DUBAI // US president Barack Obama has praised the UAE Government’s commitment to the welfare of its people, saying that America is proud to be its partner.
Speaking by video link at the opening of the World Government Summit in Dubai on Monday, Mr Obama said countries that lacked such commitment to their people eventually fall into turmoil, citing the regional upheavals during and since the Arab Spring uprisings in 2011.
“As we’ve seen in the tumult across the Middle East and North Africa, when governments do not lift up their citizens, it’s a recipe for instability and strife,” said the US leader.
“When governments truly invest in their citizens, their education and health, and when universal human rights are upheld, countries are more peaceful, more prosperous and more successful.
“Here in the UAE, your commitment to e-government and innovation has improved how you deliver services like health care, empowered entrepreneurs and advanced clean energy.
“And the US, including our private sector, is proud to be your partner. It is a model of collaboration we need in all our countries.”
Mr Obama also said that the US and the UAE could work together to ensure that their young people receive education that prepares them to participate in the global economy.
There are economic and human-rights benefits from having countries commit to the rule of law and accountable governance, said Mr Obama.
“[That] makes it easier for entrepreneurs to collaborate and turn their ideas into reality,” he said.
Also speaking at the summit yesterday, Jose Angel Gurria, secretary general of the Organisation for Economic Cooperation and Development warned that the high jobless rates of youths in the Middle East caused many young people to become suspicious of those governing them.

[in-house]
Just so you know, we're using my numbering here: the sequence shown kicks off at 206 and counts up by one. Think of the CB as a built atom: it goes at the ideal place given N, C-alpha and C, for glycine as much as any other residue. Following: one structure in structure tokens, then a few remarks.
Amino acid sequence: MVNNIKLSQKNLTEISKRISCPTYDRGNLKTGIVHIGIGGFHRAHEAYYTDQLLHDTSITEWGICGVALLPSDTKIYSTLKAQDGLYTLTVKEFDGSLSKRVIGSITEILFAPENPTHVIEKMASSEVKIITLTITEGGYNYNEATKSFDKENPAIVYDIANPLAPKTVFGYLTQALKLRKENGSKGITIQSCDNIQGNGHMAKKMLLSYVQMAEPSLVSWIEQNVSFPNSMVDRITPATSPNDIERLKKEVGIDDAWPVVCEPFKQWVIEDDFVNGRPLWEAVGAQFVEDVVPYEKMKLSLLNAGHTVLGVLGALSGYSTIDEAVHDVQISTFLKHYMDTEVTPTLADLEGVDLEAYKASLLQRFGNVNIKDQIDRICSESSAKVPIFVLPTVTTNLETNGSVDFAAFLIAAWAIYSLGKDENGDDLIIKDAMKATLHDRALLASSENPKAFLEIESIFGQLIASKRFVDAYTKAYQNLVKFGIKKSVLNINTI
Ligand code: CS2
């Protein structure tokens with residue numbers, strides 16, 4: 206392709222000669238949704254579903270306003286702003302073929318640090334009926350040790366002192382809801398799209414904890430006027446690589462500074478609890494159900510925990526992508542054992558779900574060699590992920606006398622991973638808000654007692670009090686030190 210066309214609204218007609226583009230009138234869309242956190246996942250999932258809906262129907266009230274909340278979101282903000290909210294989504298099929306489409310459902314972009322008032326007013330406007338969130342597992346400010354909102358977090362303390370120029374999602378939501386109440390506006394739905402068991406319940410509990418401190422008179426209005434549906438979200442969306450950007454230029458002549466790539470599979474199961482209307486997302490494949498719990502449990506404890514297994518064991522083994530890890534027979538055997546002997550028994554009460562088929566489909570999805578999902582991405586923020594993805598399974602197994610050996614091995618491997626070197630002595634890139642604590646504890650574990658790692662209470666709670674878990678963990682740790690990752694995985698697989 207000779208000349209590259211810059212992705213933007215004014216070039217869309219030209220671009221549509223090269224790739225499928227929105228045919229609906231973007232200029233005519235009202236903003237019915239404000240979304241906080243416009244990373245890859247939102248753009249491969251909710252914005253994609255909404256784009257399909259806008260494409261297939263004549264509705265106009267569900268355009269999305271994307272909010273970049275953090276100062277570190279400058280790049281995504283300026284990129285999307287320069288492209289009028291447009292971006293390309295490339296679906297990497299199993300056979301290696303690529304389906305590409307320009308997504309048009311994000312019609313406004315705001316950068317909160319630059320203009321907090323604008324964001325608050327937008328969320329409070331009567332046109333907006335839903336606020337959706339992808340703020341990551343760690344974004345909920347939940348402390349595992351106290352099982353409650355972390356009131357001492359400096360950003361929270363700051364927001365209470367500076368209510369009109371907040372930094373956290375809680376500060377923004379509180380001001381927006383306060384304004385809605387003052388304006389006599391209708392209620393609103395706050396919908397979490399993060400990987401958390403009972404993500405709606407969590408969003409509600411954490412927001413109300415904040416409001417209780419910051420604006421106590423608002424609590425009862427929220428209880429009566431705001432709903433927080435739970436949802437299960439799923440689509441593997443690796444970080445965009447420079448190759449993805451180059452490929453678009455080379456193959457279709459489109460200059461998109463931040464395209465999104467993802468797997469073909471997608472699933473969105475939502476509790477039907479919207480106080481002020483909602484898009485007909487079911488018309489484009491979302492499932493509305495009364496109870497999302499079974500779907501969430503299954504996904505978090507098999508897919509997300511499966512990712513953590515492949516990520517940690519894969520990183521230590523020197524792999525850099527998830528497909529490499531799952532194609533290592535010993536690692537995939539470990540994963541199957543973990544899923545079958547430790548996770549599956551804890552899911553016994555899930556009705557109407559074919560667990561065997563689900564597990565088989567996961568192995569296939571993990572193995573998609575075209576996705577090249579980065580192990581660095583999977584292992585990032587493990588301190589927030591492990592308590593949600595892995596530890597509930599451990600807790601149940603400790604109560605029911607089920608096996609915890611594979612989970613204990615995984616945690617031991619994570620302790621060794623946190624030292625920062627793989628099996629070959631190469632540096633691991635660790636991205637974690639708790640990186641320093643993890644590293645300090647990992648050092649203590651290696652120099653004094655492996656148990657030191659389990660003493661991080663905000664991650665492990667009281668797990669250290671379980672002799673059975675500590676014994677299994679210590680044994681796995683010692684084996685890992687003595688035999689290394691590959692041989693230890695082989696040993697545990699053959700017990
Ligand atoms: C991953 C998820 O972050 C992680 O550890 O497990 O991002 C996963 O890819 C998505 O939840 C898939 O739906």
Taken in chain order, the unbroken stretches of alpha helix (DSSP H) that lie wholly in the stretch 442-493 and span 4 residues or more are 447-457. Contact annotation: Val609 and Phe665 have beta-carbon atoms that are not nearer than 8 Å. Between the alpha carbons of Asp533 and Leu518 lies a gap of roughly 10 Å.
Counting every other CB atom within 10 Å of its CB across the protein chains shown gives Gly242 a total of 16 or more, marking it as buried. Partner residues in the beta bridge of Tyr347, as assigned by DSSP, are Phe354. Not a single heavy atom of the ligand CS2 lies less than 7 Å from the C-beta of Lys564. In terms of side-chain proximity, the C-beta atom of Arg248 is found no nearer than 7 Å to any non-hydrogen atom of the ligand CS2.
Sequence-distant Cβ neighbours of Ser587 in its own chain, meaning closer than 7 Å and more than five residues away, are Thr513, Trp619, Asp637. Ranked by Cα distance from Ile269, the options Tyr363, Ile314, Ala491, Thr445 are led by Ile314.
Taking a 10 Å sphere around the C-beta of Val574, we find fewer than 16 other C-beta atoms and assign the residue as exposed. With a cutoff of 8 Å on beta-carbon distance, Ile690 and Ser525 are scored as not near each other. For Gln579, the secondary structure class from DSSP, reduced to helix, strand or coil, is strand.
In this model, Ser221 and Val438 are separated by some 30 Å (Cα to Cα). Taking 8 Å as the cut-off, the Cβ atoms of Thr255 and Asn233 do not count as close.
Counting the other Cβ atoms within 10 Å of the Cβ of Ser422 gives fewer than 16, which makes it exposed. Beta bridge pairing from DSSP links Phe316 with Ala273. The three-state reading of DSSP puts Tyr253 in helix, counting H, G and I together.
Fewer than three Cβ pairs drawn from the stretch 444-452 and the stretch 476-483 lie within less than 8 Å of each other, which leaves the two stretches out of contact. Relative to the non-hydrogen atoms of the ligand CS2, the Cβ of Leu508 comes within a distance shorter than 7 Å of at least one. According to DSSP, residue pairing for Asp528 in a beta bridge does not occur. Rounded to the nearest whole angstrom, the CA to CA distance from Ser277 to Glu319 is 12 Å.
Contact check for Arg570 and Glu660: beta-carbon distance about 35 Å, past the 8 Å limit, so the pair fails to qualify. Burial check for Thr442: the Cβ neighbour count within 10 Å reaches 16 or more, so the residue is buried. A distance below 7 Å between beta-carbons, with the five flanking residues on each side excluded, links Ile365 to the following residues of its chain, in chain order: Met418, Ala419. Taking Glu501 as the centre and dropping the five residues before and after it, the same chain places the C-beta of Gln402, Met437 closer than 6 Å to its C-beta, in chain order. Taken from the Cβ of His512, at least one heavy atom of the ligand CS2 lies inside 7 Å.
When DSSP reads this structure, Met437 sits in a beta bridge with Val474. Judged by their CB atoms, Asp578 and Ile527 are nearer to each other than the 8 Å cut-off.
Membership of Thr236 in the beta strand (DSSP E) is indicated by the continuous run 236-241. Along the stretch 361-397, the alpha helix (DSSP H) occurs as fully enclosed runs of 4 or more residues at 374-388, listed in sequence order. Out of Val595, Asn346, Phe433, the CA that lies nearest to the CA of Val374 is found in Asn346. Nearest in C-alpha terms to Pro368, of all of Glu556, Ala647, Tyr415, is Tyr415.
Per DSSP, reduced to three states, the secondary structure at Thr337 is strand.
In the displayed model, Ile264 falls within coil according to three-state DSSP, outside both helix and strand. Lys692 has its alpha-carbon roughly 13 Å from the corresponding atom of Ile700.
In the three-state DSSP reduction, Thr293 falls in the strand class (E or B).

Youth unemployment rates have shot up to 31 per cent in Libya, 39 per cent in Egypt and 38 per cent in the Palestinian territories.
“It is the curse of modern times and the very painful legacy of the crisis,” said Mr Gurria.
With more than 700 million people living on less than two dollars a day and 15 million people displaced in the Middle East and North Africa, the answer was inclusive governance, said the president of the World Bank Group, Jim Yong Kim, at the summit.
“Three things have been critical to reducing poverty: inclusive economic growth, investment in people’s health and insuring people against the risk that can plunge them back in poverty,” said Dr Kim.
“Shaping future governments so they deliver on these responsibilities is our shared responsibility and essential to ending extreme poverty by 2030 and to boost shared prosperity.
“Now is the time for even greater ambition for the Middle East and North Africa.
“We must act much quicker in response to humanitarian crises and find ways to bring knowledge from developed organisations to improve refugee lives soon after they arrive in the host country –not years later. We must respond to the fierce urgency of the now.”